Special News Series: Rising Up For Justice! – Judicial Inquiry Begins in Eric Garner Case, 7 Years After His Death


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Introduction To This Series:

This post is one installment in an ongoing news series: a “living history” of the current national and international uprising for justice.

Today’s movement descends directly from the many earlier civil rights struggles against repeated injustices and race-based violence, including the killing of unarmed Black people. The posts in this series serve as a timeline of the uprising that began on May 26, 2020, the day after a Minneapolis police officer killed an unarmed Black man, George Floyd, by kneeling on his neck. The viral video of Floyd’s torturous suffocation brought unprecedented national awareness to the ongoing demand to truly make Black Lives Matter in this country.

The posts in this series focus on stories of the particular killings that have spurred the current uprising and on the protests taking place around the USA and across the globe. Sadly, thousands of people have lost their lives to systemic racial, gender, sexuality, judicial, and economic injustice. The few whose names are listed here represent the countless others lost before and since. Likewise, we can report but a few of the countless demonstrations for justice now taking place in our major cities, small towns, and suburbs.

Judicial Inquiry Begins in Eric Garner Case, 7 Years After His Death

By Rachel Pilgrim, TheRoot.com

Former NYPD Officer Daniel Pantaleo has already been disciplined, but some think more public officials should be reprimanded for their role in Garner’s case.

Eric Garner’s final words, “I can’t breathe,” still reverberate in the streets more than seven years after his death, driven by a movement fighting for justice and accountability for victims of police brutality. On Monday, a summary judicial inquiry was opened in the case. This is a rare judicial process that allows the public to lead an investigation into public officials.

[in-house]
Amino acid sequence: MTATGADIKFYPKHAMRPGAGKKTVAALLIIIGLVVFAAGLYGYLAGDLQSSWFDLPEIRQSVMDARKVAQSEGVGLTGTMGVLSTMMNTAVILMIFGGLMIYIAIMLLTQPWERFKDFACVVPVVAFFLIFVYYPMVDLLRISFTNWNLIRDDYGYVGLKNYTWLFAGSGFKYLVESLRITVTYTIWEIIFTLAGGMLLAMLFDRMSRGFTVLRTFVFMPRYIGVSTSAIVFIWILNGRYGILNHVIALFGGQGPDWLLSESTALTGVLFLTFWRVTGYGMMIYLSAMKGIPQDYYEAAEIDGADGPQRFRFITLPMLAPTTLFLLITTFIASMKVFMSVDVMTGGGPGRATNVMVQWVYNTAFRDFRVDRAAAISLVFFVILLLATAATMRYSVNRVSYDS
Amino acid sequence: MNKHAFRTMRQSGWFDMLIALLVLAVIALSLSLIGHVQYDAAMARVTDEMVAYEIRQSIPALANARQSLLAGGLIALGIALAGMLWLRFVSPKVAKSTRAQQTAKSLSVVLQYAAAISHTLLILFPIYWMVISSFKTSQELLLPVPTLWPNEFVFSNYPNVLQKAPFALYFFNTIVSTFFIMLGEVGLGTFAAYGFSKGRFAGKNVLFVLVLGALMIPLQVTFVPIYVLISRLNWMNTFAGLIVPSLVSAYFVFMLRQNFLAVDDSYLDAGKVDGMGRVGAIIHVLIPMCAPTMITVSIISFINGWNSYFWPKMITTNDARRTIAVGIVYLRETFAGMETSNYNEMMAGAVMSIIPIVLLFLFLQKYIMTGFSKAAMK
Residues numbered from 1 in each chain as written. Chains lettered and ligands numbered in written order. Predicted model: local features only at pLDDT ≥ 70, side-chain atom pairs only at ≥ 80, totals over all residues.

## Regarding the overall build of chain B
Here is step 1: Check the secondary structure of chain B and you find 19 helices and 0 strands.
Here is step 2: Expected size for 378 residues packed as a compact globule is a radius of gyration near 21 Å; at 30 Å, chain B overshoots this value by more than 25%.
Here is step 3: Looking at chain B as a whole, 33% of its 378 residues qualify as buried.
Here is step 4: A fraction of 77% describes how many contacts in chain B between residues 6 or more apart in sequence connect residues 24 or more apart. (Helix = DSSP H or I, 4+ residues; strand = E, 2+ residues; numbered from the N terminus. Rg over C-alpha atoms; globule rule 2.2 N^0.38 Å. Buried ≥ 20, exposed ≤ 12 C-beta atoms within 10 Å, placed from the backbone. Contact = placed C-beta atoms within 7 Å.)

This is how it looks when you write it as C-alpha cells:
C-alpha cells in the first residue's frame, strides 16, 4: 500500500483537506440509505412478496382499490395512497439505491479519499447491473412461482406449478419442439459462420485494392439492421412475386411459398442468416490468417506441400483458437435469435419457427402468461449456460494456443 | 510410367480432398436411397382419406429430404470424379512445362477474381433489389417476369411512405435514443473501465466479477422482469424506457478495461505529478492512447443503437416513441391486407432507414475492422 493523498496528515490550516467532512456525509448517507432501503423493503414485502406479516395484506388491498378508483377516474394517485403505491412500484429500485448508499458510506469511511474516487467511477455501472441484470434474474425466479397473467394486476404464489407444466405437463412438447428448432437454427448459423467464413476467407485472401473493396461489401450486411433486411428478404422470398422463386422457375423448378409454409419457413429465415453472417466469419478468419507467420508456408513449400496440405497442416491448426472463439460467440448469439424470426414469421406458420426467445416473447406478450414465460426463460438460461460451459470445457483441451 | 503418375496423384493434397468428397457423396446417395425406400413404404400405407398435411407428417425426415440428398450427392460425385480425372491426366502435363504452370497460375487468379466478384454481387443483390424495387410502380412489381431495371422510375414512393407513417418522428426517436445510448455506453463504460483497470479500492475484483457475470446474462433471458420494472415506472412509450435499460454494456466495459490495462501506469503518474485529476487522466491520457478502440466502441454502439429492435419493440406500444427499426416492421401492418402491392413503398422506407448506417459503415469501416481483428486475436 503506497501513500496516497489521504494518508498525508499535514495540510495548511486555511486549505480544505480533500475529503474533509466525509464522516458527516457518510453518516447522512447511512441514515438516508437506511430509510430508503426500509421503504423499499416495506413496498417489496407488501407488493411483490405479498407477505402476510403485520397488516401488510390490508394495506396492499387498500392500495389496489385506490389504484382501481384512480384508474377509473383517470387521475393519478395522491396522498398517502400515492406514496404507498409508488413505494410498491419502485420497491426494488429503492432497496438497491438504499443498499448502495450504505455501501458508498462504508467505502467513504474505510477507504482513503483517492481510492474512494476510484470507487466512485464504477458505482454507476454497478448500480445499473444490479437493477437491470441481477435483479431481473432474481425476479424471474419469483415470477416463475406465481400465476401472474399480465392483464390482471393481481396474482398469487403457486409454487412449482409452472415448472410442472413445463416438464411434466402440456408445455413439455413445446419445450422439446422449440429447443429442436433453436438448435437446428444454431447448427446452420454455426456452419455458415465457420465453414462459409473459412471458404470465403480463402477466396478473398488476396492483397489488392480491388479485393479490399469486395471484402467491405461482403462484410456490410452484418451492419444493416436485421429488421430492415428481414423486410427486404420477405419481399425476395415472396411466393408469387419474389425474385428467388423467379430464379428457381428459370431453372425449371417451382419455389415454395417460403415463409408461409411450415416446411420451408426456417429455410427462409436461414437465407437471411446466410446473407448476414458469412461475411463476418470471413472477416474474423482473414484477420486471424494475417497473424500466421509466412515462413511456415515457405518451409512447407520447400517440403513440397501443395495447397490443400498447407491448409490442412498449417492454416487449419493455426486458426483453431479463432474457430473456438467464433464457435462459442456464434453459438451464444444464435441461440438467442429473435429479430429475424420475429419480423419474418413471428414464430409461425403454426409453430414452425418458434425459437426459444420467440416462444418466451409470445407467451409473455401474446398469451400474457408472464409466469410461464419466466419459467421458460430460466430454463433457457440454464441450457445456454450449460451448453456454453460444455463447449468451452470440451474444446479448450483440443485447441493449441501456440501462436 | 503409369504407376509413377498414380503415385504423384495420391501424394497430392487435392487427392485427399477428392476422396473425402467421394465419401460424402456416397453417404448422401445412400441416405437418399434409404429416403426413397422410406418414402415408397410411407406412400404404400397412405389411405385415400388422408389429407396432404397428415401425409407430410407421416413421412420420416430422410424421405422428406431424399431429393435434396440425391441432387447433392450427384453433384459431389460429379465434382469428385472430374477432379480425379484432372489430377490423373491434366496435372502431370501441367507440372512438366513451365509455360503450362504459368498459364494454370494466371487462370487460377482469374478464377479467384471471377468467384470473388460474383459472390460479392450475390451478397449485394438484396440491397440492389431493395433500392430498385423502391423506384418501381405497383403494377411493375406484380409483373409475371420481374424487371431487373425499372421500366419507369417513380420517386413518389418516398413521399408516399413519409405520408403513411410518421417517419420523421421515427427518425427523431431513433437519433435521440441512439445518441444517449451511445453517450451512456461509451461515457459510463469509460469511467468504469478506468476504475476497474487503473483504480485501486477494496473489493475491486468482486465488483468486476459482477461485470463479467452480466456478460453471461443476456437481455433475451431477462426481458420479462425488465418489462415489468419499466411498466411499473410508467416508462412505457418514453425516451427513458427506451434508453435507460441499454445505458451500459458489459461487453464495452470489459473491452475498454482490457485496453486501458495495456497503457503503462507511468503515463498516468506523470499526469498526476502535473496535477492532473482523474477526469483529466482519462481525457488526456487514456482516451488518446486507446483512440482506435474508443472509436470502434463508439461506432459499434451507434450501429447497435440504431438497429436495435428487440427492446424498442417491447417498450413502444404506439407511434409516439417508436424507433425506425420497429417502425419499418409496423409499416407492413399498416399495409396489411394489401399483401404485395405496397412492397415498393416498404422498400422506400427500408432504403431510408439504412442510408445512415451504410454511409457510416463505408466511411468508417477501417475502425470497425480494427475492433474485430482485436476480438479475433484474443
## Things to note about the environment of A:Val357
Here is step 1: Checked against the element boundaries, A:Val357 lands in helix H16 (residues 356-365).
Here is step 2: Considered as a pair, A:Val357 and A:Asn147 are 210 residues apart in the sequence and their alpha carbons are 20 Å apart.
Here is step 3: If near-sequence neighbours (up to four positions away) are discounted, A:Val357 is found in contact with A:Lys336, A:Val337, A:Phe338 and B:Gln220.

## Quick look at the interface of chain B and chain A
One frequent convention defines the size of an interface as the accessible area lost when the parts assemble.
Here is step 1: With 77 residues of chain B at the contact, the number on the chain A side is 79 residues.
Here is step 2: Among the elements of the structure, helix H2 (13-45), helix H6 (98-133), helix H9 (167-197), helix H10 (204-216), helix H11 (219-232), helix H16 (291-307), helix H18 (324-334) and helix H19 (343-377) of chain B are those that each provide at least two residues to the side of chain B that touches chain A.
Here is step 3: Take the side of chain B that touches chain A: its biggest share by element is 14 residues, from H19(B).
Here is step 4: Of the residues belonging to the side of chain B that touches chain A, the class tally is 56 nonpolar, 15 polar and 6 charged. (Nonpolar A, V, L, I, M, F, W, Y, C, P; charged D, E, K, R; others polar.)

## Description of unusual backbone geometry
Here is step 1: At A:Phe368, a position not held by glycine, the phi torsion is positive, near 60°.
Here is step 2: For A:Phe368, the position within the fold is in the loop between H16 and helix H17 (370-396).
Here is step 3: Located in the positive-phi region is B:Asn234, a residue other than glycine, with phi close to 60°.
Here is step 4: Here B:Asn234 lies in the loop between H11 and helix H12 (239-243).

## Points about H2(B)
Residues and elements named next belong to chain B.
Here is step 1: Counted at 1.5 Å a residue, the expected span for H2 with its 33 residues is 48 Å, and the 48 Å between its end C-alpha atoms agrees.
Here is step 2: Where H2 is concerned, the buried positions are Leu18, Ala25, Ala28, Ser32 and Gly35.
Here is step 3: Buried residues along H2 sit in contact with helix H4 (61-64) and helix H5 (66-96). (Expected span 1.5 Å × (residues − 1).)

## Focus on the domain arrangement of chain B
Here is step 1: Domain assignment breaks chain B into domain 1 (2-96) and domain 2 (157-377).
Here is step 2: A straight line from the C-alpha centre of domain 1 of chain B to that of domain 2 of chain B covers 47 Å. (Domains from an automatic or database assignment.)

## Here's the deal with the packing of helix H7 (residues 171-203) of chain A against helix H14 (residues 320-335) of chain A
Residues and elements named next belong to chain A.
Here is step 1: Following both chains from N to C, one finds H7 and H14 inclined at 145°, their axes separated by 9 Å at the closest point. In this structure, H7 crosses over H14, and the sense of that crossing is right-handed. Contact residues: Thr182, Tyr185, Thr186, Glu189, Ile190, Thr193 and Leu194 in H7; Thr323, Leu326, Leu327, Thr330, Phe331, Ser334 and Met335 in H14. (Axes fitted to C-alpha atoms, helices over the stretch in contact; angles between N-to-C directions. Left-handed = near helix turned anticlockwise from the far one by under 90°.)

New York Police Department officer Daniel Pantaleo, who held Garner in an unauthorized chokehold in July 2014, was fired for his involvement after a department disciplinary trial in August 2019. Garner’s mother and sister, Gwen Carr and Ellisha Flagg Garner, along with other petitioners accuse the NYPD of not properly investigating and disciplining all officers in Garner’s death.

CNN reports that the inquiry will focus on the actions of NYPD officers during and after the use of force in Garner’s arrest as well as any allegations surrounding the case. New York Supreme Court Judge Erika Edwards began the proceeding by saying that no one will be criminally charged at the end of the inquiry.

“This hearing will lead to further accountability for his death and advance the cause of racial justice in our criminal justice system, both in our city and across the nation,” said Garner family attorney Alvin Bragg.

In 2015, the city agreed to pay Garner’s family $5.9 million in a settlement. However, no amount of money can match the value in holding every officer accountable for failing Garner that day.

Read the full article here.

Learn more about the murder of Eric Garner here and here.

More Breaking News here.

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